Surrounded by briefing papers and periodicals, Trump grabbed the remote and proceeded to offer color commentary on congressional testimony earlier that day from former acting Attorney General Sally Yates and former Director of National Intelligence James Clapper.

“Watch them start to choke like dogs,” he said, already well versed in what he was to show us over and again.

It was a front-row seat to the president’s voluminous media diet and a window into his consumption habits: Fox News programs recorded on TiVo, and later, two scoops of ice cream at dinner.

Everyone else at the dinner was served one scoop.

— By Zeke Miller



Trump was hosting Japanese Prime Minister Shinzo Abe for a February weekend of golf and get-to-know-you meetings at his Mar-a-Lago club in Palm Beach, Florida, when the press pool traveling with the new president was hastily summoned.

Reporters were led past a wedding arch on the lawn to an ornate ballroom, where the two leaders soon delivered brief statements responding to North Korea’s first ballistic missile test of Trump’s presidency. Party music from the wedding could be heard in the distance as they spoke.

It was an early indication of Trump’s very different approach to foreign provocations.

Earlier in the evening, it would later emerge, Trump and Abe sat on the club’s terrace, in full view of dues-paying club members and their guests, working out a response to the missile test.

Then-Press Secretary Sean Spicer insisted no classified material had been discussed.

All the while, members snapped photos. One guest posed with the military official carrying the nuclear football.

— By Jill Colvin



It was the presidential version of “You like me, you really like me.”

At Trump’s first full Cabinet meeting in June, his top aides gathered at a long table in the Cabinet Room and reporters filed in for an opening photo opportunity.

Usually journalists are allowed into these gatherings for only a few remarks before being ushered out.

Not this time. After the president extoled his young administration, he asked the other participants to weigh in.

One by one, the Cabinet secretaries spoke out, touching on policy but most focused on something else: the president’s ego, singing his praises in the kind of glowing language typically reserved for greeting cards.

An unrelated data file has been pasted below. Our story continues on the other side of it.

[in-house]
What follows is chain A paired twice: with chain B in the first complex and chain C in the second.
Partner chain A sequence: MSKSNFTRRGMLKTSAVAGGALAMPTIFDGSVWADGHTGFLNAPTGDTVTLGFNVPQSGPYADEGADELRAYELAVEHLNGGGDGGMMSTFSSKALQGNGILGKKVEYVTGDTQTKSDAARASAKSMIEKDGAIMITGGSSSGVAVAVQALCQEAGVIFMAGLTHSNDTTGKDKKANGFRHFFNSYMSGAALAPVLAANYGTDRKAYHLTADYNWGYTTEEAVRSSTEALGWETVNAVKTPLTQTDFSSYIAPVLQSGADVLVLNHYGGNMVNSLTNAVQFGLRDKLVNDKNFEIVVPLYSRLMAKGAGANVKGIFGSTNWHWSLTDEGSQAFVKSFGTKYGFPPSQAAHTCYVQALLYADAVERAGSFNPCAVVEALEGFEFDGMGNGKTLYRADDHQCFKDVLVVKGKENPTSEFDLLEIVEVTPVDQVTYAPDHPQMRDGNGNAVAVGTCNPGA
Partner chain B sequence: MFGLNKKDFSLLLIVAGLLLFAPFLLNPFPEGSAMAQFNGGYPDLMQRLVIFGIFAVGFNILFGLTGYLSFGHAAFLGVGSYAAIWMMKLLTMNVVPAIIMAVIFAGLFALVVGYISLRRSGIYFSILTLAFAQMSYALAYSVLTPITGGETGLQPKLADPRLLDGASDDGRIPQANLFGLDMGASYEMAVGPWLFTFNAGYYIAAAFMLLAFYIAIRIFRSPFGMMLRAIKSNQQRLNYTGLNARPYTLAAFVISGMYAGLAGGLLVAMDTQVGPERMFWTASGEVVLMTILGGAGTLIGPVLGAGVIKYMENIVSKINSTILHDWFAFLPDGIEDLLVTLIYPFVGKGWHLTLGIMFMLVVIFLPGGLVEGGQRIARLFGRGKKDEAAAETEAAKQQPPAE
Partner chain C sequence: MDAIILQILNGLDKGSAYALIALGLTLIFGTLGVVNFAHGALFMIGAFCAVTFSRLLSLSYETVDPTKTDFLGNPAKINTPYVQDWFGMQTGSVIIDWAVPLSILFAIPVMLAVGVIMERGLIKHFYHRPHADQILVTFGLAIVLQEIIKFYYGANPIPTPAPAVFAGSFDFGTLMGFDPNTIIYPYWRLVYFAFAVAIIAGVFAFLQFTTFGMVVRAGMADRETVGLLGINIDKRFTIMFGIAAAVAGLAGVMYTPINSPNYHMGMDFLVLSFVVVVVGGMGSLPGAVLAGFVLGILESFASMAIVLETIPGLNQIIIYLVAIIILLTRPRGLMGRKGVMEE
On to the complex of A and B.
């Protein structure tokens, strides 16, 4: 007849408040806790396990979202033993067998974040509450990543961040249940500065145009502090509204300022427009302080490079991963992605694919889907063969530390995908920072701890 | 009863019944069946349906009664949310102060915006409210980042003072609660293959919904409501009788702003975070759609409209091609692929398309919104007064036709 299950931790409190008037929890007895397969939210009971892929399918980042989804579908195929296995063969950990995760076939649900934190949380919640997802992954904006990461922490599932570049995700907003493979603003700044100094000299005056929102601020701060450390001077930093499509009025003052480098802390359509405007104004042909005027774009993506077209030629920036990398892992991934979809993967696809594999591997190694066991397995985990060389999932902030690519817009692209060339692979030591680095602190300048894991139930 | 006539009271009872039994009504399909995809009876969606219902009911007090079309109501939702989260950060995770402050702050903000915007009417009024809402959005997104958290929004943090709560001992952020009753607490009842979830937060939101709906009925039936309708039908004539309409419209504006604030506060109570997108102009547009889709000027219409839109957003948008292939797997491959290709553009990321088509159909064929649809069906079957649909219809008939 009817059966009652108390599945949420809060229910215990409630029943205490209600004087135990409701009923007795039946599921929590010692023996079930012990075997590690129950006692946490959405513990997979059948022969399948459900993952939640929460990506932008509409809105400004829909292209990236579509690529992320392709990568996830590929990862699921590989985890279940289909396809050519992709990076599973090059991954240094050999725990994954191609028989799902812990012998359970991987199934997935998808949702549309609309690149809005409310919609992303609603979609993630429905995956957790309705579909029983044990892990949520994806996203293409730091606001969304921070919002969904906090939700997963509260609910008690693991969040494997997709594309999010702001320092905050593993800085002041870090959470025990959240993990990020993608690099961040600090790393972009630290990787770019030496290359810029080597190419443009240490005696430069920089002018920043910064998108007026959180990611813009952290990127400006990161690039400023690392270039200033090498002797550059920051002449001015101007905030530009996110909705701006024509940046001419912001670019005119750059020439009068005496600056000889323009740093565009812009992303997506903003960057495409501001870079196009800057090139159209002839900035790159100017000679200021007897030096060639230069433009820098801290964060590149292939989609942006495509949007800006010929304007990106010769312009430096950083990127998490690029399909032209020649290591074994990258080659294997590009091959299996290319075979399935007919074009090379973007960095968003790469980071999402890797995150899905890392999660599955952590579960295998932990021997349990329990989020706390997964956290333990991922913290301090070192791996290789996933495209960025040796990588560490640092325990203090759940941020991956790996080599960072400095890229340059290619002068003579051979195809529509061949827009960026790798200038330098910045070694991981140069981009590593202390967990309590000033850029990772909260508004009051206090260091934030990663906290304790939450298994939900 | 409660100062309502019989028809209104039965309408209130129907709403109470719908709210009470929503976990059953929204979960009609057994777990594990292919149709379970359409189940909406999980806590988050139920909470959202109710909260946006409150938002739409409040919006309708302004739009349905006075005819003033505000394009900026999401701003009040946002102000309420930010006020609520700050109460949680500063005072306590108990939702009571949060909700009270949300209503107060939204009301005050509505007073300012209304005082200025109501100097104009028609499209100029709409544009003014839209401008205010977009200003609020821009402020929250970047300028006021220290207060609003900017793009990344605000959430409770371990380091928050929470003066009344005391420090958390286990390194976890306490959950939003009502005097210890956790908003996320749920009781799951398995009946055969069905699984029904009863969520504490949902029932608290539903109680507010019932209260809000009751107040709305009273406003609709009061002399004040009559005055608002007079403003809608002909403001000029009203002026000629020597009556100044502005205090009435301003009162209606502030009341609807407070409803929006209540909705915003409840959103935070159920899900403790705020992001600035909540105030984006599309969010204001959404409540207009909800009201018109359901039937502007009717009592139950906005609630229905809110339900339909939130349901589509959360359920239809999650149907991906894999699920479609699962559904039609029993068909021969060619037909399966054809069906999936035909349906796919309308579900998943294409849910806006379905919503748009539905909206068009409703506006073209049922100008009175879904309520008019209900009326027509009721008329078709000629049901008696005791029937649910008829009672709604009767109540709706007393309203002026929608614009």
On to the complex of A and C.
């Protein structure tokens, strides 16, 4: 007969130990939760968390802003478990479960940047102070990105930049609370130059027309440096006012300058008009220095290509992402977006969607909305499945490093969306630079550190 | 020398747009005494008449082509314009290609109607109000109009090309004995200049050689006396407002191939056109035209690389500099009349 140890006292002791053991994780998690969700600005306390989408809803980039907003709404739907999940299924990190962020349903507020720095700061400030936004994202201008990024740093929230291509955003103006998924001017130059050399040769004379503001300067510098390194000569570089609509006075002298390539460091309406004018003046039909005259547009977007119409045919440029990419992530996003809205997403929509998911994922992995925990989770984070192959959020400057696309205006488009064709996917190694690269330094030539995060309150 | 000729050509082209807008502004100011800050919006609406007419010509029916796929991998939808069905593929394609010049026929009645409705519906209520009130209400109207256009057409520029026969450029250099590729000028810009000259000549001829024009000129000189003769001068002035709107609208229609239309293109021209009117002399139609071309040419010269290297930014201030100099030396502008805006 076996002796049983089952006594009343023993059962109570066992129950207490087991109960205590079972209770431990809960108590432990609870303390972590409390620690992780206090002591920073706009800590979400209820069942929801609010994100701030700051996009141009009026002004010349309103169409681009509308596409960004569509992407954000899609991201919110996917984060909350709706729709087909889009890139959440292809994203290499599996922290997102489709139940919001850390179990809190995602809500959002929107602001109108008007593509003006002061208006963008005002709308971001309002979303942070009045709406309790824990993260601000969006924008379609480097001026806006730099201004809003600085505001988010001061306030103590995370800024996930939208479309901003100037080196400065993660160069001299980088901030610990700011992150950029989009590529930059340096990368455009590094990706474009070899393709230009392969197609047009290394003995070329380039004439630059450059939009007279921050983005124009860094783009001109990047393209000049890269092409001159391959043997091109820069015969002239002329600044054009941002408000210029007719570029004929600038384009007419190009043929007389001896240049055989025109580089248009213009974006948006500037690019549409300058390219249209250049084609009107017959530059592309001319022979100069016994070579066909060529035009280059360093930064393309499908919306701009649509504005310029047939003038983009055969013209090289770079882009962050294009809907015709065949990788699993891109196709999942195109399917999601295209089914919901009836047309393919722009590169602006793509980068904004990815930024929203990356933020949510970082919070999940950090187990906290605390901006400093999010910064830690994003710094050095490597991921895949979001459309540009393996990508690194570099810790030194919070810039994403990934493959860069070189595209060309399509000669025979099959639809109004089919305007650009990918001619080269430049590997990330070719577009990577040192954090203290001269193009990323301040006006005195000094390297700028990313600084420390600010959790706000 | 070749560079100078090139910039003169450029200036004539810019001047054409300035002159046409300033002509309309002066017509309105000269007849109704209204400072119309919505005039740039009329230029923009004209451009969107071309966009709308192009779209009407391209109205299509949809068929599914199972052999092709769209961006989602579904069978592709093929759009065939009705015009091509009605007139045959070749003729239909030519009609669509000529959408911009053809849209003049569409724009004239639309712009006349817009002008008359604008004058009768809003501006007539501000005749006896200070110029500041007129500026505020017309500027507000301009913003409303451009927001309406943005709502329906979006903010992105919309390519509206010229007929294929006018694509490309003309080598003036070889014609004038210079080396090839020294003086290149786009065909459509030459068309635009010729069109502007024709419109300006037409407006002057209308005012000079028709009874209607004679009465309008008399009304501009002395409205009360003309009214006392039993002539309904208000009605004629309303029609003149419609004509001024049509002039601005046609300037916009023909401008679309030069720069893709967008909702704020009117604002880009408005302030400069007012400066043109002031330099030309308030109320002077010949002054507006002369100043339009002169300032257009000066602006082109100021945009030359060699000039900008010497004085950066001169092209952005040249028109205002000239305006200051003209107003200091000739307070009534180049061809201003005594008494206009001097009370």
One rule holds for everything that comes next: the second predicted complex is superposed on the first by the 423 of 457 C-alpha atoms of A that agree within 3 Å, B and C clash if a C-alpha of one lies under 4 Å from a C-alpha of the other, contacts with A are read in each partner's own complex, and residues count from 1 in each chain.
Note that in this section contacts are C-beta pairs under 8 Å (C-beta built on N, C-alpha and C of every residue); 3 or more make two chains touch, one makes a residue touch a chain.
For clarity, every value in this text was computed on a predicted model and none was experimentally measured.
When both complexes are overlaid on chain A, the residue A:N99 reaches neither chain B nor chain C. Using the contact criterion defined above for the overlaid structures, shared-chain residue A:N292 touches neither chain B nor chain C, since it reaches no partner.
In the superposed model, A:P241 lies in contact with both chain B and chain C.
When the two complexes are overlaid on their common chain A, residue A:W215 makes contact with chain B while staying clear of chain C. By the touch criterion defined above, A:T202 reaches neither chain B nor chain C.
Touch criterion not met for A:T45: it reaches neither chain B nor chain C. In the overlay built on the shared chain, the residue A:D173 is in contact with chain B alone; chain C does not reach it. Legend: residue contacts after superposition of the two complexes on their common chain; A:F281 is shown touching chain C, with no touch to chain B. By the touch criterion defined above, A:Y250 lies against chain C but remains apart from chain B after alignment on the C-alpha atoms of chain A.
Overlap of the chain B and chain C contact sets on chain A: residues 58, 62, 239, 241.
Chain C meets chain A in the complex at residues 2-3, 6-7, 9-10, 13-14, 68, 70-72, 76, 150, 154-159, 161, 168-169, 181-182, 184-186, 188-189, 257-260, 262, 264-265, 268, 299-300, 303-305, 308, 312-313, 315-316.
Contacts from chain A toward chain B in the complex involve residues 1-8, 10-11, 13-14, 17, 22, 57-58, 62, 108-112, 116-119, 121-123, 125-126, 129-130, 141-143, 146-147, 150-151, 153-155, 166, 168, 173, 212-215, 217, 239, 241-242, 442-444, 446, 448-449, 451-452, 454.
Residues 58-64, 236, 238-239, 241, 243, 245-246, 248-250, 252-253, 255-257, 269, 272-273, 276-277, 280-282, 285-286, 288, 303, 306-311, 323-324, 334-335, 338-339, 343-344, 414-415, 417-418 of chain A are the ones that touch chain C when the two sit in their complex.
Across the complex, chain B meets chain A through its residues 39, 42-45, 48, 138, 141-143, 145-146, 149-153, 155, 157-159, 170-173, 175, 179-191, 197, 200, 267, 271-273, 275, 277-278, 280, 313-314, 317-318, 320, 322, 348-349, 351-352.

Vice President Mike Pence called his job “the greatest privilege of my life.”

Former Chief of Staff Reince Priebus thanked Trump for the “opportunity and the blessing that you’ve given us to serve your agenda.”

Priebus was ousted the following month. But the meeting lives on as one of the oddest moments of Trump’s first year.

— By Catherine Lucey



White House reporters were anticipating a press statement, topic unknown, late in the day on May 9.

Then it came: a three-paragraph announcement from then-press secretary Spicer. I read it quickly and blurted out to my colleagues: “Oh my God. He just fired Jim Comey.”

Trump roiled Washington by firing the FBI director overseeing the investigation into possible election-year collusion between Trump’s campaign and Russian government officials. Trump had seethed about the investigation leading up to Comey’s dismissal.

He sent his longtime bodyguard and confidant Keith Schiller to hand-deliver Comey’s termination letter. But apparently no one bothered to check on Comey’s whereabouts. The director was in Los Angeles, speaking to agents at the FBI field office, and learned from TV that he had just been fired.

At the White House, Spicer struggled to explain the stunning decision.

Between media interviews, the press secretary collected his thoughts while waiting among the hedges.

— By Darlene Superville